Ramune (ラムネ) is a Japanese soft drink which dates back to the late 19th century. First introduced in Kobe, Hyogo’s capital city.
The word ‘ramune’ is a borrowing from the English word ‘lemonade’, a drink on which Ramune was based, and was instigated by Alexander Cameron Sim, a British Pharmacist.
Still popular to this day, the fizzy refreshment sells well and has remained popular, partly, due to its uniquely historic Codd-neck bottle and its assortment of over 50 different flavours.
Here, we will explore this drink’s intriguing glass housing and explain, step-by-step how to open them.
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What Is a Codd-neck Bottle?
Designed specifically for carbonated drinks, the Codd-neck (more commonly known as the ‘Codd bottle’ or ‘Marble bottle’) was invented by Hiram Codd in 1872.
With a closing design, a marble is placed within the bottle’s pinched neck chamber, in order to preserve the gas.
Filled upside down, the bottle then seals itself. The pinch in the neck not only catches the marble but also holds it during the pouring of it.
Constructed with thick glass, in order for it to withstand the pressures of the gas, this bottle is still used in India (for the soft drink Banta) and other parts of the world today, but declined in use during the 1930s.
Original bottles are very rare, due to the fact that children apparently routinely smashed the bottle to get the marble out, and they can sell for thousands at auction, particularly in the United Kingdom.
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How Is a Codd Bottle Opened?
With original bottles, the whole of the top was glass and people used to quite simply push the marble into the neck of the bottle, using their finger.
The bottle would pop open with a little force and produce a satisfying sound as the gas escaped.
More modern designs use less glass and have an extra plastic piece around the tip of the bottle, for safety reasons.Booking.com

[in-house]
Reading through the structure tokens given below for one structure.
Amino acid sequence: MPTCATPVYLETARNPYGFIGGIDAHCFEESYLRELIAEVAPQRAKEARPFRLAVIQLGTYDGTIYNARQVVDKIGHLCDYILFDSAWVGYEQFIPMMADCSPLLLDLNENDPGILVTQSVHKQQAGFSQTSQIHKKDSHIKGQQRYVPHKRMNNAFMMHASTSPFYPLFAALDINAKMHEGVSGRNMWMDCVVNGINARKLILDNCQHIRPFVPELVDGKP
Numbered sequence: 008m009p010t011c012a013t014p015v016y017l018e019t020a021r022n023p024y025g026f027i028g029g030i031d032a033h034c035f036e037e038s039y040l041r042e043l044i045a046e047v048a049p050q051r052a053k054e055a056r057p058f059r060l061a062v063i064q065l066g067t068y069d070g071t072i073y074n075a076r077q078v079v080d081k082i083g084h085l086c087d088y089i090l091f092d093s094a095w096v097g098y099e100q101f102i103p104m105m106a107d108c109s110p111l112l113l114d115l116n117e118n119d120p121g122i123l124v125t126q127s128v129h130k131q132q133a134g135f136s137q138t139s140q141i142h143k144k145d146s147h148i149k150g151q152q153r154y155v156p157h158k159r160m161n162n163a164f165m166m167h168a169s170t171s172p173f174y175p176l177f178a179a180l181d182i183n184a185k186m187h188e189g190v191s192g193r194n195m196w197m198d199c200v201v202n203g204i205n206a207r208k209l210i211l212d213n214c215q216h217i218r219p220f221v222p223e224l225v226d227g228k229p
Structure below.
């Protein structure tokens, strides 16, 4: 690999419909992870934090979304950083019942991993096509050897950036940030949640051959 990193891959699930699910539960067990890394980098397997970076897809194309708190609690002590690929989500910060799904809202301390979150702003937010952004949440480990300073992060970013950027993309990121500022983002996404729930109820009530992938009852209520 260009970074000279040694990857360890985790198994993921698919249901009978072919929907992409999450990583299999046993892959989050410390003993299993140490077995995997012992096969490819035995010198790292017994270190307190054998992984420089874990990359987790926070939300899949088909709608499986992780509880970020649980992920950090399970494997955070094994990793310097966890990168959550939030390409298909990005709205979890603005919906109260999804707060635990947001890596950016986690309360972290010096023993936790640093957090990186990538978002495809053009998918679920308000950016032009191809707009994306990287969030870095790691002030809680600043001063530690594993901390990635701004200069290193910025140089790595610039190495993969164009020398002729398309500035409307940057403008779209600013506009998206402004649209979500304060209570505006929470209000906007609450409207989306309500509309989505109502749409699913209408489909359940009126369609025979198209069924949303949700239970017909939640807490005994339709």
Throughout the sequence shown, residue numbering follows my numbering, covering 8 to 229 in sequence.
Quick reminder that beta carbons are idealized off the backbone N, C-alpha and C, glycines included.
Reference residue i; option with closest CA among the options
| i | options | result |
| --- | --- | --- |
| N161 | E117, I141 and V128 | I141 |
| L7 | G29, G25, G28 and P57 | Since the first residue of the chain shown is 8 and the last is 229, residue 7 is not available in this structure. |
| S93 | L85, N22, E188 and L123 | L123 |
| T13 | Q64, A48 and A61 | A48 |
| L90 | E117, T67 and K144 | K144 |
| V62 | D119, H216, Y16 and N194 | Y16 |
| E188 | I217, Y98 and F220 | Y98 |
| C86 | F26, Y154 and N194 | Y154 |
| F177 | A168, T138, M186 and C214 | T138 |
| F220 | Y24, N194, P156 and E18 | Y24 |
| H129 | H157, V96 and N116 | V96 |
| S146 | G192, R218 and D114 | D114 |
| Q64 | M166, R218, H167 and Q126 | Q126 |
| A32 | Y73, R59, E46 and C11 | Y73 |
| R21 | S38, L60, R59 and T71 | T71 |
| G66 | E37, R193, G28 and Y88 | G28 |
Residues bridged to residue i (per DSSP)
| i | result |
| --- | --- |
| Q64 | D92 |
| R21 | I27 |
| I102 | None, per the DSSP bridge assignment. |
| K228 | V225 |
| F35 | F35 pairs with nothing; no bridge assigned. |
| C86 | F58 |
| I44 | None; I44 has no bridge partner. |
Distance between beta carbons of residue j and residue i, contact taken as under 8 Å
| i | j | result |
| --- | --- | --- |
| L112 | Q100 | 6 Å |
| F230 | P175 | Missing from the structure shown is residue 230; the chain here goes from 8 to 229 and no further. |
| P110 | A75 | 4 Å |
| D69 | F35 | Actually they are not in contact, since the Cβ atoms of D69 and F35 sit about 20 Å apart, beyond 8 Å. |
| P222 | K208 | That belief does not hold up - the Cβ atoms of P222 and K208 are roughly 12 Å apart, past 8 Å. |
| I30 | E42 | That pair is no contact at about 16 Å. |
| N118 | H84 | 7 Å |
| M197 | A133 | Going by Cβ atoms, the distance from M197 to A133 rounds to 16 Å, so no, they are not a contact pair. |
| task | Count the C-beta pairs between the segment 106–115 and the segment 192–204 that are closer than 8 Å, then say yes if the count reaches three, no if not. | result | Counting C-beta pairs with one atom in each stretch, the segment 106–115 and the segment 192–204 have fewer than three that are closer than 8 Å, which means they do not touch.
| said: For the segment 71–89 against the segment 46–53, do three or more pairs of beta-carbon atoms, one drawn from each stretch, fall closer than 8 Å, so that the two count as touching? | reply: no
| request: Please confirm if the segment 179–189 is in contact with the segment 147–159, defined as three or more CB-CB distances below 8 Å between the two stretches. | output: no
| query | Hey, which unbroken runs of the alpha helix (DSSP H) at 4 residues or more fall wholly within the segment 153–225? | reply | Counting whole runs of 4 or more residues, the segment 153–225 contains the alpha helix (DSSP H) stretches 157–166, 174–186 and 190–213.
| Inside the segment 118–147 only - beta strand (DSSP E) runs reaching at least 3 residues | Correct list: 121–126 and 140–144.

These can also come with opening or ‘popping’ tool which is basically a small piece of plastic tailormade to fit the circumference of the marble and used to push it down without direct contact with it.
The opener itself, however, is not a new concept by any means.
What a Load of Codswallop!
Ever heard of the word ‘codswallop’?
According to some sources, the term is actually rooted in the invention of the Codd neck bottle and is linked to the act of opening it: the onomatopoeic ‘wallop’ that you have to give it.
Some bottles apparently take a great deal of effort to open, when they are left for a while after filling them.
If the gas builds to a certain level, a tool is required to open them.
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A ‘Codd’s Wallop’ was a small, cylindrical piece – shaped quite like a bottle top – with a carved central popping piece to push the marble down, while providing a smooth surface to protect the palm of the hand when applying pressure.
The word is considered to be folk etymology and is an interesting addition to the English language.
What Replaced the Codd Bottle?
Although it is still used today, the Codd-neck bottle is much more of a novelty item.
The drinks can was invented in 1935, which coincided with the decline in use of other types of container like the Codd bottle.
There are now, roughly, 380 billion canned drinks produced, globally, each year.
Clearly a much cheaper and more efficient process, similar to metal and plastic screw caps for bottles (invented c.1870).
Now, they are used so widely that there is literally no need for the vintage, codd-necked drinks container that costs more to manufacture.
Get your own Codd-bottle machine!
Should you find yourself feeling nostalgic enough to want to experience the uniqueness of this nifty little invention, then look no further than a search on your computer or smartphone.
Machines can be quite reasonably priced and a case can be made for the use of refillable glass bottles.
No plastic, no metal, and overall better for the environment. You can also control the ingredients.
Some British pub owners have a machine for the novelty of it and customers can even mix and fill their own.
Worth it, arguably, even if to just experience a genuine piece of History.
Some argue that returning to these types of refillable container could have a massively positive impact on our planet.
Not only would it provide people with a unique taste of a vintage item but it would also undoubtedly give levels of plastic found in the Sea a good old codswallop.
The Codd-neck bottle is now making a small come back as a reusable item and some companies have updated the design.
It is incredibly popular, however, in India.
Things have changed significantly since the late 19th century, but this element of our manufacturing past is a truly unique one which has and will endure the test of time.
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